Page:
Scott Levine.jpg

Scott Levine

Associated Press

It didn’t take long for me to realize something bad was happening Saturday in my hometown.

Thanks to constant updates from friends back home, my Facebook wall was a haven Saturday night for up-to-date information on Creston, before any news outlets knew the severity of the EF-2 tornado that decimated part of my former (and most of my wife’s and my family’s current) town. Posts describing a tornado ripping through a barn and forcing residents into the basement were made public before KCCI, the Des Moines television outlet that covers Southwest Iowa, reported that Greater Regional Medical Center had been hit.

Without much more than a few paragraphs about damage to the hospital, my wife and I remained glued to our computer screen, dotting through every local media outlet and keeping up with everyone’s posts. At first, it appeared that the hospital was the only major landmark hit. By the night’s end, we knew that it was much worse, albeit without any fatalities or major injuries so far.

After checking in with our parents, who lost power, much like the entire town, we began seeing the first glimpses of the town on Facebook and other media outlets. When going to bed Saturday, it appeared only the hospital, AEA and Southwestern Community College, my alma mater, were the only buildings that took massive hits.

However, when the sun rose Sunday, it became a little gloomier. The elementary/middle school and the high school suffered damage, along with multiple houses along a major street, called Townline Road, that were either flattened or damaged.

The tornado didn’t mind sweeping through brand new dorm rooms at SWCC, or through the hospital, which was undergoing renovations that would be unveiled in a grand opening in a few weeks. The storm also didn’t mind blowing through the deck and garage of one of my best friend’s mom’s house. I spent many days during high school on that deck, and now, it’s just another piece of debris scattered amid the ruins.

Only a third of the high school football field’s scoreboard remained after the storm. Now although I didn’t see much playing time in my football career, I remember vividly staring up at the scoreboard on cold nights, trying to urge the clock to move faster. Most of the time that technique just worsened my problem.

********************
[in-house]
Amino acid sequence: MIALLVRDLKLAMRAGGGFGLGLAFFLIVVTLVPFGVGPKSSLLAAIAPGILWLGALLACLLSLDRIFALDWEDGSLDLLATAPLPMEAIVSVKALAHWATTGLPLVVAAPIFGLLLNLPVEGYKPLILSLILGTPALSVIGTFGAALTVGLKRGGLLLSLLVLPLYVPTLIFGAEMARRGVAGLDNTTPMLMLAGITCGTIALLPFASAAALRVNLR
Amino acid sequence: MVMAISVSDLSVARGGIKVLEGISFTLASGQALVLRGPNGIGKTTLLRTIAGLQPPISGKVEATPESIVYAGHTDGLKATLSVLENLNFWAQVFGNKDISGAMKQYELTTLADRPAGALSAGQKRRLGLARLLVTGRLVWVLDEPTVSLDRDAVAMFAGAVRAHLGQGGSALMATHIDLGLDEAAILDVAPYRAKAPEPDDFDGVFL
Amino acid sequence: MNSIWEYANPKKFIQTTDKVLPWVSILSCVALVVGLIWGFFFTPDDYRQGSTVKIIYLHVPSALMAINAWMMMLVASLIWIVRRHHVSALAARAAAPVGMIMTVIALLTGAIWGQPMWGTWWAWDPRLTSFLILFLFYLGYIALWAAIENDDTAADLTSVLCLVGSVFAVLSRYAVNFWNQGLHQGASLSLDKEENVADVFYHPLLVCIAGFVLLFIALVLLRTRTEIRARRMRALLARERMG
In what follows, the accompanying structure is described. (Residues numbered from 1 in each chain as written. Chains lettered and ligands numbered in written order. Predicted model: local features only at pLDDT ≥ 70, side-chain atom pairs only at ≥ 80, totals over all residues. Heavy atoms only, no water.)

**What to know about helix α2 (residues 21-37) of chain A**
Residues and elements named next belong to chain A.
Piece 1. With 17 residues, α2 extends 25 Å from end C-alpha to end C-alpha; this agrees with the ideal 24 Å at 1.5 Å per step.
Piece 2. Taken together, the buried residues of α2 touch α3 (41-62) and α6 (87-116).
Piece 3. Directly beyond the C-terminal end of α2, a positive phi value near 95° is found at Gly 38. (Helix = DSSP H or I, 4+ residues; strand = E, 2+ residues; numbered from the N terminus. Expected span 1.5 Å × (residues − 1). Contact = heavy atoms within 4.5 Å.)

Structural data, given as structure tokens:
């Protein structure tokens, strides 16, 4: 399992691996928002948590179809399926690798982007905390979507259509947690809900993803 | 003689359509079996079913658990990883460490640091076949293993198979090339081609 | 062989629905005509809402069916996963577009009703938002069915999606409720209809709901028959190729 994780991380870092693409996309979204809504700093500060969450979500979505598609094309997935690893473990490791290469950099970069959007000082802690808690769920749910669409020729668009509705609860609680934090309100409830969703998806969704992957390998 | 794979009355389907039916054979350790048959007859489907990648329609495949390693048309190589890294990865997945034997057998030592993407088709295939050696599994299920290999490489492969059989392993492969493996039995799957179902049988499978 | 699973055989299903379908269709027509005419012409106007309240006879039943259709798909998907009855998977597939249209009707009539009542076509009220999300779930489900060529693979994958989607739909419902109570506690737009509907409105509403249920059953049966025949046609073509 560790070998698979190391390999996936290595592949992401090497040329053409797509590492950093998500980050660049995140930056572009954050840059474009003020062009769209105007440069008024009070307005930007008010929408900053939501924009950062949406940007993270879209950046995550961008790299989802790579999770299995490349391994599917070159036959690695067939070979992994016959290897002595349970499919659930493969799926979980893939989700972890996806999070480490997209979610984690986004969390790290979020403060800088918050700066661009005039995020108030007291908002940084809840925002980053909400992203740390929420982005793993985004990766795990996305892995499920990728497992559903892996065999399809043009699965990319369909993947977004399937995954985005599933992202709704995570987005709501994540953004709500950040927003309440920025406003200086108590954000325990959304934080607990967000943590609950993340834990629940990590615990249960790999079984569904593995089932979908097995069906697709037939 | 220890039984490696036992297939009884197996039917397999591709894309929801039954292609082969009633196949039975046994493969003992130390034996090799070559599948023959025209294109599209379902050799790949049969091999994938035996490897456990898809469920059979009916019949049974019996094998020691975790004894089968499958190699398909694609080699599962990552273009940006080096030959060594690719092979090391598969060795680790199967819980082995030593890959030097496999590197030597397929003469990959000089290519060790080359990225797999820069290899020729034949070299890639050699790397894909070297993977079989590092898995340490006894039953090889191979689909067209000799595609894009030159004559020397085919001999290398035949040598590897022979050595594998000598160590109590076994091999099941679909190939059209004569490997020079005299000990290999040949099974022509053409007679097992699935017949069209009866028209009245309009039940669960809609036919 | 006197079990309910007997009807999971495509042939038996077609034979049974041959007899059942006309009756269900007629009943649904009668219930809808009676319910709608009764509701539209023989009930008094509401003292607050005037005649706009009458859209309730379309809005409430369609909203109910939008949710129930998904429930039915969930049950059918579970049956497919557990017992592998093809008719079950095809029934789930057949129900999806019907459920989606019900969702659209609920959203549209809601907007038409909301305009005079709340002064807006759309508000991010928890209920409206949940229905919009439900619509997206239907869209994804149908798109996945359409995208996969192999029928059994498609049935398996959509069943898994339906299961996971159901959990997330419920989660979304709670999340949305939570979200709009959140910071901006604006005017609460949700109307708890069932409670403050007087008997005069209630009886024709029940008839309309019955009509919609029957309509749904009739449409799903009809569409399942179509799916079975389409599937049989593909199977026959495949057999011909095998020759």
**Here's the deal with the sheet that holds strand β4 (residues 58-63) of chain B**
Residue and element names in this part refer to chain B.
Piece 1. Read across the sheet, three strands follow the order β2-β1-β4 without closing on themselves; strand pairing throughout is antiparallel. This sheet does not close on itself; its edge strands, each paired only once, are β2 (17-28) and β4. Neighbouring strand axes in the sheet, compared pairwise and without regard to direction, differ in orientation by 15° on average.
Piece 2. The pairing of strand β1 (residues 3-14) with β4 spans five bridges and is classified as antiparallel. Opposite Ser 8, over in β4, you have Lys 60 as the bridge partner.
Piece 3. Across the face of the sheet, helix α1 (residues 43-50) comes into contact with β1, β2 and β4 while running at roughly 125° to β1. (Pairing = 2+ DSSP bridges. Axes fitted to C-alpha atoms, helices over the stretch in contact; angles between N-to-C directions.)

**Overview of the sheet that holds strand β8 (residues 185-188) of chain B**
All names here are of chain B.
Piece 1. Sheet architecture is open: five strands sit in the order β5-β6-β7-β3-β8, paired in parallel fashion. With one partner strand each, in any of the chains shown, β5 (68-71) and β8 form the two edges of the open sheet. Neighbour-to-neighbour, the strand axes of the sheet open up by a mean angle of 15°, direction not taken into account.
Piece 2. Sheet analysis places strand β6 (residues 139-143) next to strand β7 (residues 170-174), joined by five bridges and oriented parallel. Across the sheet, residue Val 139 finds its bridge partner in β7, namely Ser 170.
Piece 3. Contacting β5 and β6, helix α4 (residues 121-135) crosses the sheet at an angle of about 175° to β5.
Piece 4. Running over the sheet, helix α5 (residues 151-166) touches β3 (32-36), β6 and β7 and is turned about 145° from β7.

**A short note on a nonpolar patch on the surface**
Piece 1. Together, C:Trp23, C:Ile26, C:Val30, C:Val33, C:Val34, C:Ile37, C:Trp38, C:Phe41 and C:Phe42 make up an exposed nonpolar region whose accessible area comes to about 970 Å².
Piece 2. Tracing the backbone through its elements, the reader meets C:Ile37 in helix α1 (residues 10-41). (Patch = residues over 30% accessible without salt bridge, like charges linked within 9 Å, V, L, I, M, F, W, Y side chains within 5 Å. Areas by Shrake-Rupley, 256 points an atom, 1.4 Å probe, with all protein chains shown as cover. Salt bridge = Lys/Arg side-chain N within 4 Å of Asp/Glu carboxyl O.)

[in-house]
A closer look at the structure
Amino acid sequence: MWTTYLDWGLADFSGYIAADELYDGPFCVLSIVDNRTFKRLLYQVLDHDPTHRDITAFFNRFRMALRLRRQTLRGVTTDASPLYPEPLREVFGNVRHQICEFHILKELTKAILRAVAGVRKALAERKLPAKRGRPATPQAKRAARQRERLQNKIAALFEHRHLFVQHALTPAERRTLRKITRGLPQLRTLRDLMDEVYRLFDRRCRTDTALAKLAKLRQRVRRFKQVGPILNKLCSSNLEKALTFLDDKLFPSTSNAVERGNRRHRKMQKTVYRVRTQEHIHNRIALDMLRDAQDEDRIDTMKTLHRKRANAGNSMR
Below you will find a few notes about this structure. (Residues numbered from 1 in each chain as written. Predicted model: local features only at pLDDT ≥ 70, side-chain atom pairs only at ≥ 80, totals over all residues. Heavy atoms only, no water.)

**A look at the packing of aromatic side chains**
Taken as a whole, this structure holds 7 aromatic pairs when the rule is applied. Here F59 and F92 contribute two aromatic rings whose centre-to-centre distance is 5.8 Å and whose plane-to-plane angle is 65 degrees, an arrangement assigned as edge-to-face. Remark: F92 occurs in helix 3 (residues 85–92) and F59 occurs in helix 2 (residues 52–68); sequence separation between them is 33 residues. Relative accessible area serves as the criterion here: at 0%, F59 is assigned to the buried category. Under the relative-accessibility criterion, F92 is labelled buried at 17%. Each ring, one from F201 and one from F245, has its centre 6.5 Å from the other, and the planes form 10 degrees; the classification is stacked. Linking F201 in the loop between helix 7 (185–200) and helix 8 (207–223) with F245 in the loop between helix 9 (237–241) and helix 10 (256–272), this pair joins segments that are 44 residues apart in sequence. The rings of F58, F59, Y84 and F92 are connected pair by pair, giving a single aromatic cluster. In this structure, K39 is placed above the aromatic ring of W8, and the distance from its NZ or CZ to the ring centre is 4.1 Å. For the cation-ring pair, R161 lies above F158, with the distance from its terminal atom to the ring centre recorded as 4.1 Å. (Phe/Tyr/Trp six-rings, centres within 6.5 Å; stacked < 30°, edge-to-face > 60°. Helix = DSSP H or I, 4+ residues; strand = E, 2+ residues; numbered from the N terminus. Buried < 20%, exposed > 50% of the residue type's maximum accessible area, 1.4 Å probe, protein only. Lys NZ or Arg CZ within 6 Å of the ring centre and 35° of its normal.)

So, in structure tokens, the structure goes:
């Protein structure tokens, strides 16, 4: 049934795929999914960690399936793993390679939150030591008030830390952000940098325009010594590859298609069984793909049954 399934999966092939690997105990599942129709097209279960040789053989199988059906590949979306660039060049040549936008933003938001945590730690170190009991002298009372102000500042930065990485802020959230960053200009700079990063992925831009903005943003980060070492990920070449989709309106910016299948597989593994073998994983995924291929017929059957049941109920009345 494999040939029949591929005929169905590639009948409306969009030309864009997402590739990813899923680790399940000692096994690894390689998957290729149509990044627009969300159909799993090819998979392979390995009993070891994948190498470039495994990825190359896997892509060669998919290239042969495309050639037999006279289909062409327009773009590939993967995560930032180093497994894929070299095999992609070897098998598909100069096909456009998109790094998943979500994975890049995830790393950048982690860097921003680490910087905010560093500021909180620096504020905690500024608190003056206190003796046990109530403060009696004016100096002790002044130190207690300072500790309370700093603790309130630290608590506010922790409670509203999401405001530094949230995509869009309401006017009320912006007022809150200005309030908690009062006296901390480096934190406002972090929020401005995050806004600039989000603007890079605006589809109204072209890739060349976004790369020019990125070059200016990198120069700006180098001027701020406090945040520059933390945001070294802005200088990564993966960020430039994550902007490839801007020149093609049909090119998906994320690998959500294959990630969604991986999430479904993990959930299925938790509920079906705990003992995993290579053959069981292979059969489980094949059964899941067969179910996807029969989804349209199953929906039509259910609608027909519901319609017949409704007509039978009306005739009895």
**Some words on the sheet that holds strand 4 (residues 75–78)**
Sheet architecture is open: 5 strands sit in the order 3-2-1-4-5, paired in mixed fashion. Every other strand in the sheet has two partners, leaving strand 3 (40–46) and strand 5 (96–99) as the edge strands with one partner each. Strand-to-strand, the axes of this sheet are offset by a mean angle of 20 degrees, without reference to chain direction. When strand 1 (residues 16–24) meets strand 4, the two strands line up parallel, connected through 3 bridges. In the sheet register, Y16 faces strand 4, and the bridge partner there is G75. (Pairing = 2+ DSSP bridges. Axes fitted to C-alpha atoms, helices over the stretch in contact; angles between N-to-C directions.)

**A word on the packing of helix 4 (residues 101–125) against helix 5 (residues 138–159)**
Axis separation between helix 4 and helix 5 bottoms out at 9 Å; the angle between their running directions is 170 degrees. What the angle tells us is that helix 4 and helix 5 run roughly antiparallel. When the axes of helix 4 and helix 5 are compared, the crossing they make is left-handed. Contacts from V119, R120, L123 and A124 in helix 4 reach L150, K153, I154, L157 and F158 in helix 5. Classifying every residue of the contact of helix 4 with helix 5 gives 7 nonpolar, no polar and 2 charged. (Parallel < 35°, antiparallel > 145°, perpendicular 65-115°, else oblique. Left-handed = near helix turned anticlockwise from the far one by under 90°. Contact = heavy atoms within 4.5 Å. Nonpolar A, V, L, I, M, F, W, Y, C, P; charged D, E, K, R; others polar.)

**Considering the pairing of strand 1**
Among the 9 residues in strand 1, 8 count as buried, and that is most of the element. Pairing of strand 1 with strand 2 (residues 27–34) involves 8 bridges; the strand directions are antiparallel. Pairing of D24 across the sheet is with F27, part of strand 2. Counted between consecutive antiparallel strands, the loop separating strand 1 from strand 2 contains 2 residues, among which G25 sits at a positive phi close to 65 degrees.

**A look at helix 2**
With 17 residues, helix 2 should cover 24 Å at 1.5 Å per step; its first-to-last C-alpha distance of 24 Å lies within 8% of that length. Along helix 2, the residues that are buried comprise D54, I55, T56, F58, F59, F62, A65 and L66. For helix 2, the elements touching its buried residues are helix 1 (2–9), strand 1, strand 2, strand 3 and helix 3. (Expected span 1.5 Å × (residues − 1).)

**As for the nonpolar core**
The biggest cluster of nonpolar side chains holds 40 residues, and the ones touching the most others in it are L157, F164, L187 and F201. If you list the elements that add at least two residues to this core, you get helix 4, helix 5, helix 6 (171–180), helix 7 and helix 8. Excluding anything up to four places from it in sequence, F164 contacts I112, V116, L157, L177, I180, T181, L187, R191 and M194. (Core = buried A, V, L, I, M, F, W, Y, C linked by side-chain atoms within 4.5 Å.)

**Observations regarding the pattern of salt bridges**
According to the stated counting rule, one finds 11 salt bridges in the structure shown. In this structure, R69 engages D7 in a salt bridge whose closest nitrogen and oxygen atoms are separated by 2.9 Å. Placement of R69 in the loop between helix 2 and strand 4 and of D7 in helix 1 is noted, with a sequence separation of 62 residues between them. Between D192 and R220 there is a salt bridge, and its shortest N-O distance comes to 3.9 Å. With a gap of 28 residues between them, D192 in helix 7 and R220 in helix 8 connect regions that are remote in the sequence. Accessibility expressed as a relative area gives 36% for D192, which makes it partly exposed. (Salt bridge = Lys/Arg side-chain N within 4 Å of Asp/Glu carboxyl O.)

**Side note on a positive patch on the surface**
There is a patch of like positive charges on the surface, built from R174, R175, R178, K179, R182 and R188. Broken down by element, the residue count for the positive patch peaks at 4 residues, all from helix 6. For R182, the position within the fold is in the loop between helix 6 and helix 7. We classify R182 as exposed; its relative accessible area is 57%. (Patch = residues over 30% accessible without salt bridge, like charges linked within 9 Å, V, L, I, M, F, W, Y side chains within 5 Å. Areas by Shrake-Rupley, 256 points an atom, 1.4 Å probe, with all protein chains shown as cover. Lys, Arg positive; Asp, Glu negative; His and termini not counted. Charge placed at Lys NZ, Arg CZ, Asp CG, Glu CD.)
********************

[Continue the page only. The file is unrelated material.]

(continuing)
But the most amazing part of this story is not the amount of memories or buildings erased by the tornado. People in Creston should be thankful that no one was seriously injured (as of last report, there’s still one person in critical care in Des Moines). Just this past weekend, the storm that caused so much damage in Iowa claimed lives in Oklahoma, and that community received a warning, although a minimal one at 3 minutes.

No sirens went off in Creston, creating confusion and exposing many residents to the harsh effects of 130 mph winds. Many stories have surfaced regarding the unpreparedness of residents because of the lack of warning, making it even more remarkable everyone is alive.

Officials from Creston acknowledged the sirens were working, but no warning was ever given to the city about the tornado. According to them, the twister happened so fast, that there was not enough warning to sound the sirens.

With the disaster behind everyone, cleanup efforts started Monday, only after officials told residents to stay home and out of more bad weather Sunday. And if Facebook was any indication of how many people were willing to help, the town won’t take long to get back on its feet.

Dozens of Facebook posts related to volunteering opportunities and it appeared that almost everyone was willing to step forward somehow to help. I didn’t expect anything different from a community that has always been tight, with it having about 7,500 residents.

And no matter how difficult the next week and months will be, the town will pull together, because as hard as it is to pick up debris and rebuild buildings, it’s much easier doing those chores knowing no one is physically hurt.

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